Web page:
Magnesium reduces risk of total and ischemic stroke, meta-analysis shows
- Meta-analysis of 8 prospective population studies including over 304,000 participants
- Magnesium intake linked to 3% reduction in stroke risk per 100 mg/day increment
- Risk reduction relates to both total and ischemic stroke risk
This meta-analysis was designed to assess the relationship between magnesium intake and risk of stroke in observational studies.
The literature search included selected databases from 1966 through August 2011. Study inclusion criteria included prospective studies with relative risk (RR) estimates with 95% confidence intervals (CIs) for the association between magnesium intake and the risk of total stroke incidence or mortality.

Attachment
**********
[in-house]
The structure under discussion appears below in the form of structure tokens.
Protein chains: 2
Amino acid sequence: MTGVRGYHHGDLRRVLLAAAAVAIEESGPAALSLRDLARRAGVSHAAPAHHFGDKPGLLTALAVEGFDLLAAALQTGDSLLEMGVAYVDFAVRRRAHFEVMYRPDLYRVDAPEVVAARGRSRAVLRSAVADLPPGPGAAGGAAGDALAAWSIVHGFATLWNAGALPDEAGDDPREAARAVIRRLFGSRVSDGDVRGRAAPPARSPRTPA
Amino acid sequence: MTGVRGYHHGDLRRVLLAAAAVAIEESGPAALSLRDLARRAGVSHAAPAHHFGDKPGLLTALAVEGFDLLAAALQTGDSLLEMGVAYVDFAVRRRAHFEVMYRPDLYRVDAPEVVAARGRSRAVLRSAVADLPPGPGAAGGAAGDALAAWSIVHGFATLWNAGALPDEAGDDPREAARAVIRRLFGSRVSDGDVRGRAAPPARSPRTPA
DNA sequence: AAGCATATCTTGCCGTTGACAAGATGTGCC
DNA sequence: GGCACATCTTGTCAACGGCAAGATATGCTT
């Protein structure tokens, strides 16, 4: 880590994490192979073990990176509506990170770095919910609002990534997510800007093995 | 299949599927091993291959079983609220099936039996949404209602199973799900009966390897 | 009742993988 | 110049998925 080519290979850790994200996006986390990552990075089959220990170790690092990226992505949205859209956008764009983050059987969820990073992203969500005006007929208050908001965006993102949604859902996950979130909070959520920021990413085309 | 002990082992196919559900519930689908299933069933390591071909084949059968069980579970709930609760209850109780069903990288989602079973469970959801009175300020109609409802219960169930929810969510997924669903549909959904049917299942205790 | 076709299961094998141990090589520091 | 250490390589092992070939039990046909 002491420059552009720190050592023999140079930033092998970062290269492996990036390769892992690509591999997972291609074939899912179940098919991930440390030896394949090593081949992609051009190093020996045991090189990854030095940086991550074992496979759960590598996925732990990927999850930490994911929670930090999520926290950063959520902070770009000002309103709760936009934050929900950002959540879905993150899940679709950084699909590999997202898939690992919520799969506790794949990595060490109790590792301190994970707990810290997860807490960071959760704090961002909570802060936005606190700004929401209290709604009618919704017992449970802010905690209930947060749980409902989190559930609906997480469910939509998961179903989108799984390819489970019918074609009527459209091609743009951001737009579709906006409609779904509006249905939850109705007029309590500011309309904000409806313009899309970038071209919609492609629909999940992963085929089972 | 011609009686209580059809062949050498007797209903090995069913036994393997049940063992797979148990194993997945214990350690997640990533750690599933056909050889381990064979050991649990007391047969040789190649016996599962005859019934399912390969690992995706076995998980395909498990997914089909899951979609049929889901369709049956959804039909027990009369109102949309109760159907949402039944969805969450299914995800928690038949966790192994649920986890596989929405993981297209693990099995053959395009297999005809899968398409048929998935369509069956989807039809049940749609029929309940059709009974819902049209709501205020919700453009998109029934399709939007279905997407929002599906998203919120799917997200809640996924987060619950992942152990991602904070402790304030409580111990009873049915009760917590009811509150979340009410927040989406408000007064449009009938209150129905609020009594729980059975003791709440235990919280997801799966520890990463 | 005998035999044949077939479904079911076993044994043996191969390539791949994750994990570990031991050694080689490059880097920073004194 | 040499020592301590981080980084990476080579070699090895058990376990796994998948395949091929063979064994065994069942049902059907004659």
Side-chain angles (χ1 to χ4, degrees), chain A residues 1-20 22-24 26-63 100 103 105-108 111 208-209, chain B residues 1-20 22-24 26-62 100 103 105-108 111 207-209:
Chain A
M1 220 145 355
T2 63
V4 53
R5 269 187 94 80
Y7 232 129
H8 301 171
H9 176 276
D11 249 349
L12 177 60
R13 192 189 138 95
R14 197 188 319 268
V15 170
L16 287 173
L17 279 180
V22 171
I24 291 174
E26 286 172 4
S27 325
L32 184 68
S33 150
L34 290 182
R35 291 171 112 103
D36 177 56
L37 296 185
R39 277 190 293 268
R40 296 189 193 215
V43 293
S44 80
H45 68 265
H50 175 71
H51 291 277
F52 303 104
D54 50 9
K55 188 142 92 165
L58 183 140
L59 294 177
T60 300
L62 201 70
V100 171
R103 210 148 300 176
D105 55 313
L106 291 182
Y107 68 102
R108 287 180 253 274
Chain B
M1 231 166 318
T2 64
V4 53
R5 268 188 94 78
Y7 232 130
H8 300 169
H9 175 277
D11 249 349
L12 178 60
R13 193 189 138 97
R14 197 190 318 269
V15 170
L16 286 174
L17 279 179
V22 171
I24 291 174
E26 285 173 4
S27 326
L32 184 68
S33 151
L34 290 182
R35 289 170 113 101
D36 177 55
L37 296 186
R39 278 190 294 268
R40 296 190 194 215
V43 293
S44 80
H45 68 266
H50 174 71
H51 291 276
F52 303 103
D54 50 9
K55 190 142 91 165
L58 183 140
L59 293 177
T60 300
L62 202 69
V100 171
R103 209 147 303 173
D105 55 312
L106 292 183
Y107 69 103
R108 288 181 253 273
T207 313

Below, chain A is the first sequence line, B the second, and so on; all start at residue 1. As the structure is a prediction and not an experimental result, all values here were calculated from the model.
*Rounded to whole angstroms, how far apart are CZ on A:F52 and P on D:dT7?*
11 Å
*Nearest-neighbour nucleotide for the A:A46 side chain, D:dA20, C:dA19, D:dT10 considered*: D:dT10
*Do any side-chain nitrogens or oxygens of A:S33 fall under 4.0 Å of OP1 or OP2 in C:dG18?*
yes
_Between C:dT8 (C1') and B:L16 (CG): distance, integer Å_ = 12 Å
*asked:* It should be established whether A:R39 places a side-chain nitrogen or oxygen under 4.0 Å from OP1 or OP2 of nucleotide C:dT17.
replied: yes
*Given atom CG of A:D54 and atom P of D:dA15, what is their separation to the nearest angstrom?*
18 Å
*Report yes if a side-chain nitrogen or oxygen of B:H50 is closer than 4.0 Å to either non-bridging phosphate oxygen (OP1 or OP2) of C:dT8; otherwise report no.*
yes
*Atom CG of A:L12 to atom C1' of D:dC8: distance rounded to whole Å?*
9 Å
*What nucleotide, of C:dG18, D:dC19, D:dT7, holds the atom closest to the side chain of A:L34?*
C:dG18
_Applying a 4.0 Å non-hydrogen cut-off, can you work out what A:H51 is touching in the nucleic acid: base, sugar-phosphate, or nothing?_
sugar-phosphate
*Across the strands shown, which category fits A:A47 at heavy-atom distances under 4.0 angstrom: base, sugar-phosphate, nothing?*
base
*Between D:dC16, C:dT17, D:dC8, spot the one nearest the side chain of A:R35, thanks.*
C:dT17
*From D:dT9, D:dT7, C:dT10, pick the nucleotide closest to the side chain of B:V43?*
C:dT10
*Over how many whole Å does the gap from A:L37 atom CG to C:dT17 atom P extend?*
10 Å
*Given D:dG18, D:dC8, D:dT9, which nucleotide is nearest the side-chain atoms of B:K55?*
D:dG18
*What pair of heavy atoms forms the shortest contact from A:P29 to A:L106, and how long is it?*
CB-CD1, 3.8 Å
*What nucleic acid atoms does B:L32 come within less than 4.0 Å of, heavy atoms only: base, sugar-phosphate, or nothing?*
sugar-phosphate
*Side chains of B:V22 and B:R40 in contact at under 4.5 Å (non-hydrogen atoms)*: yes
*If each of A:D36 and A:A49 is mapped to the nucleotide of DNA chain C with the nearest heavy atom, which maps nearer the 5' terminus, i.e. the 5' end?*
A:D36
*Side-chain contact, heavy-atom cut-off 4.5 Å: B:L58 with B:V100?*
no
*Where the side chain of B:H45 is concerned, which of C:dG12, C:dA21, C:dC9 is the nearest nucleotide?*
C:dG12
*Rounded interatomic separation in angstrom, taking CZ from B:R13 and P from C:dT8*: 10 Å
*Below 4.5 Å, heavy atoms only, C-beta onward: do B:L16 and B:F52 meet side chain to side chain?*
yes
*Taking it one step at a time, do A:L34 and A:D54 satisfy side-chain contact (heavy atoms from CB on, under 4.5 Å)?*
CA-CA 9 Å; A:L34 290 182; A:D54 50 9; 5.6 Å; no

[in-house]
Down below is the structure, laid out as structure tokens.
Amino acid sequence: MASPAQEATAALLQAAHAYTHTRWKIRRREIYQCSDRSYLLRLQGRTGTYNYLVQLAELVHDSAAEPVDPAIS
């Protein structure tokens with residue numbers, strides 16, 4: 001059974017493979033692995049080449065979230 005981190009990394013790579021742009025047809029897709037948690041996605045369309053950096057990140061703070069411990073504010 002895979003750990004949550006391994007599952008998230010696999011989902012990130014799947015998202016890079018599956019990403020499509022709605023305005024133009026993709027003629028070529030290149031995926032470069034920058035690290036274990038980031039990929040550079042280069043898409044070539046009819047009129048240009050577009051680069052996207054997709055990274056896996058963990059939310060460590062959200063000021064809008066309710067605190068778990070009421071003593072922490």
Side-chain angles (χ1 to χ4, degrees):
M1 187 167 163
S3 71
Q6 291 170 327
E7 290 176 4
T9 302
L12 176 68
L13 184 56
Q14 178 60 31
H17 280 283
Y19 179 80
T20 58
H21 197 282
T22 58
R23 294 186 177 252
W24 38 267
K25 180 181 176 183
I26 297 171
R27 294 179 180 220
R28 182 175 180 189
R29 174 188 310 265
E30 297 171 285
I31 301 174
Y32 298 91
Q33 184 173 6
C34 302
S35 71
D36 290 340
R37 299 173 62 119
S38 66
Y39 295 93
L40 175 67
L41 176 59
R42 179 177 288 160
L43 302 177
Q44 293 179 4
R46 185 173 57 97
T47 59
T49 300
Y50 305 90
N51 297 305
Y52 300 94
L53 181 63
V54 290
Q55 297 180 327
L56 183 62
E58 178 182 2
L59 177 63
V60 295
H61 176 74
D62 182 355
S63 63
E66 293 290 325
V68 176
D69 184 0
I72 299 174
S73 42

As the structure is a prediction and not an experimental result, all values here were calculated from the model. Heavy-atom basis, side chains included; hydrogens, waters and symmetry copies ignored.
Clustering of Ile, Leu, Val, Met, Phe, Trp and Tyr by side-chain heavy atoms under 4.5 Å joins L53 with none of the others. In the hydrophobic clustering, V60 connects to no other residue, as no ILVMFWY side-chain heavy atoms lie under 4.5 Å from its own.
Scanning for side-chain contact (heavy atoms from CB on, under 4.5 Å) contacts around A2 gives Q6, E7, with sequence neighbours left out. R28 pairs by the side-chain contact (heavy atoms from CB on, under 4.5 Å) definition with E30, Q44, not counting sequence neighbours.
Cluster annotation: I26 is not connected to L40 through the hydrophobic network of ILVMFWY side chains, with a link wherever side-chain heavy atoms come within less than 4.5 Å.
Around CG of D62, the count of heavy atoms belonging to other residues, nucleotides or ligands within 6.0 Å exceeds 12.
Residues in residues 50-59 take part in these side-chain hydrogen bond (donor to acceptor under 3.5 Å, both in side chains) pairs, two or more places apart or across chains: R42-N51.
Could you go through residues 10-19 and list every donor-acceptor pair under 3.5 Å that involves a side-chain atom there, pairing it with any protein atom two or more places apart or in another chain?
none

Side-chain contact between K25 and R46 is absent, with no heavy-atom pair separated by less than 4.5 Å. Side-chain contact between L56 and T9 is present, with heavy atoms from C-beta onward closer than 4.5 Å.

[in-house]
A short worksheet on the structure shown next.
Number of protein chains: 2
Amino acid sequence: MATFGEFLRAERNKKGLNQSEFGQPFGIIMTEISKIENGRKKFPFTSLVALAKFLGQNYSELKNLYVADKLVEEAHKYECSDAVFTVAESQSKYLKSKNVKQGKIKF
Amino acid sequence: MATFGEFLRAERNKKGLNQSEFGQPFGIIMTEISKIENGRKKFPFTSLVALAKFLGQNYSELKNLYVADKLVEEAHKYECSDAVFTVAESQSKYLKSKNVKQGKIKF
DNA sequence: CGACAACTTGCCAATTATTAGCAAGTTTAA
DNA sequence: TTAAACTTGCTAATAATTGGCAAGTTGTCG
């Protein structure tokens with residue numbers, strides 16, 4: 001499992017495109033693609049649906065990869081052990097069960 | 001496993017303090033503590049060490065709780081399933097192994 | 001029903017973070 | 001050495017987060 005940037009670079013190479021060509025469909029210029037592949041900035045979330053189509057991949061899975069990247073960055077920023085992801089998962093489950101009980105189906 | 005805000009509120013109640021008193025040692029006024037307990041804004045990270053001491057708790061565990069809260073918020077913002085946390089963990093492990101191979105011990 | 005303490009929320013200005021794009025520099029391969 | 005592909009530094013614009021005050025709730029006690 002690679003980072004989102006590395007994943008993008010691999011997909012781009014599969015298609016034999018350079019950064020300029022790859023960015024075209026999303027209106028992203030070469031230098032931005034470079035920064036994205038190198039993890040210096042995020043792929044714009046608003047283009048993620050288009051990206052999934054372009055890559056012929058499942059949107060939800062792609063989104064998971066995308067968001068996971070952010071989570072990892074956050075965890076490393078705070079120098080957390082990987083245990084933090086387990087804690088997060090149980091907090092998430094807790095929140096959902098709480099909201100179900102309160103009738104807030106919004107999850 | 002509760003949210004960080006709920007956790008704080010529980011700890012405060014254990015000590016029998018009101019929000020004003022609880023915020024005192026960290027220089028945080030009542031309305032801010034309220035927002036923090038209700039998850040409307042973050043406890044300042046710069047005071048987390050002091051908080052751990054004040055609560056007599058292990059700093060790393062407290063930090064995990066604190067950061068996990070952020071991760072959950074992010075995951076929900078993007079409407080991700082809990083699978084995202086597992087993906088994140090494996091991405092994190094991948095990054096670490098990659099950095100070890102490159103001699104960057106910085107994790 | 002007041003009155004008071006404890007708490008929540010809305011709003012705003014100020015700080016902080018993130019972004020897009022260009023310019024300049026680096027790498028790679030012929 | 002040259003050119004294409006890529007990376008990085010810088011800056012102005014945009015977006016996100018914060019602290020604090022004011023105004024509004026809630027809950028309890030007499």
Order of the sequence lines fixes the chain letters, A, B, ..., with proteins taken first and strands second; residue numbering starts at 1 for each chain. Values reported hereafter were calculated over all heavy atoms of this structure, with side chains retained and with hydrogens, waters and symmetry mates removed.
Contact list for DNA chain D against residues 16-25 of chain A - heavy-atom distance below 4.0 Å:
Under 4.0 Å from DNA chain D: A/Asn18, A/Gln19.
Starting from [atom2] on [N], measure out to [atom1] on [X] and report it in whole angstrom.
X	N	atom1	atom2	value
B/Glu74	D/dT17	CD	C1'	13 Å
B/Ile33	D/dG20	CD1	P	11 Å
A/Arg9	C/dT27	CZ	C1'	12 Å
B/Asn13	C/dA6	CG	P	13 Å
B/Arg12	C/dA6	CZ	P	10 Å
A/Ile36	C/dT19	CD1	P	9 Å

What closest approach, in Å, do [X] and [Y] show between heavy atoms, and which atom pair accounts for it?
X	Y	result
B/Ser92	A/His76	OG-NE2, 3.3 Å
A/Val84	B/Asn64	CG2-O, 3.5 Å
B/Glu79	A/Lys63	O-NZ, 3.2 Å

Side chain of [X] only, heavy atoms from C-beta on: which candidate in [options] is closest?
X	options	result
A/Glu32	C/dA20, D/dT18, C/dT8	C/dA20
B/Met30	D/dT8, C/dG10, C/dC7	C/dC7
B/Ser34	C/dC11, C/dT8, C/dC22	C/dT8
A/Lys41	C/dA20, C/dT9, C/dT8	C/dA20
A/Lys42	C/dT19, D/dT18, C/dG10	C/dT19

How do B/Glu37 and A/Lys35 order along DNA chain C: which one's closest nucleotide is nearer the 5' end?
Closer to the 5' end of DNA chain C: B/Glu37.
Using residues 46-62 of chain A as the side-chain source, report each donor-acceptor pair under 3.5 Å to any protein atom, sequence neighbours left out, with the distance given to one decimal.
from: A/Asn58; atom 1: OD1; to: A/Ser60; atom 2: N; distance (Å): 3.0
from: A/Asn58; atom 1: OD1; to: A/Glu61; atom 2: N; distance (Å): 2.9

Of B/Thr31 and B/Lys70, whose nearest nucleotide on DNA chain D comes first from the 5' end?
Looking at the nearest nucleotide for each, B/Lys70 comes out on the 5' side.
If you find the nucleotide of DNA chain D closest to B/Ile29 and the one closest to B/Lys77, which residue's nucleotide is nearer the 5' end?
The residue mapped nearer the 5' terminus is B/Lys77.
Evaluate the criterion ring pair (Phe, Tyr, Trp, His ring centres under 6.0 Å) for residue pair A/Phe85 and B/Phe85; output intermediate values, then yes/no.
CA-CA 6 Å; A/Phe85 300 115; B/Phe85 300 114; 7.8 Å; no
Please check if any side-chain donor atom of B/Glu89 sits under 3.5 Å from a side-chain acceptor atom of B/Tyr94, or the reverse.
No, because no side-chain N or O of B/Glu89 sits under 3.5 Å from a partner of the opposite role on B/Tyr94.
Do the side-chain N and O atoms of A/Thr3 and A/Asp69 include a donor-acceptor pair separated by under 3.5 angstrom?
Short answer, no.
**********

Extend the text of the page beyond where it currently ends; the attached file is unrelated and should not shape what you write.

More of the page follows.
A total of eight studies, with 8,367 stroke cases among 304,551 participants, were included in the meta-analysis. The summary RR indicated a significant association between the highest magnesium intake and reduced risk of total stroke (summary RR: 0.89; 95% CI: 0.82, 0.97).
The dose-response analysis showed a borderline inverse association between magnesium intake and total stroke risk (an increment of 100 mg/day; summary RR: 0.98; 95% CI: 0.95, 1.00). One study appeared to contribute most of the heterogeneity. Excluding this study from analysis resulted in a more pronounced inverse association of 3% decreased stroke risk for an increment in magnesium intake of 100 mg/day (summary RR: 0.97; 95% CI: 0.95, 0.99) without evidence of heterogeneity. Subgroup analyses also suggested a significant inverse association between the highest magnesium intake and the risk of ischemic stroke (summary RR: 0.88; 95% CI: 0.80, 0.98).
The present meta-analysis of prospective cohorts suggests that higher magnesium intake is associated with reduced risk of total and ischemic stroke.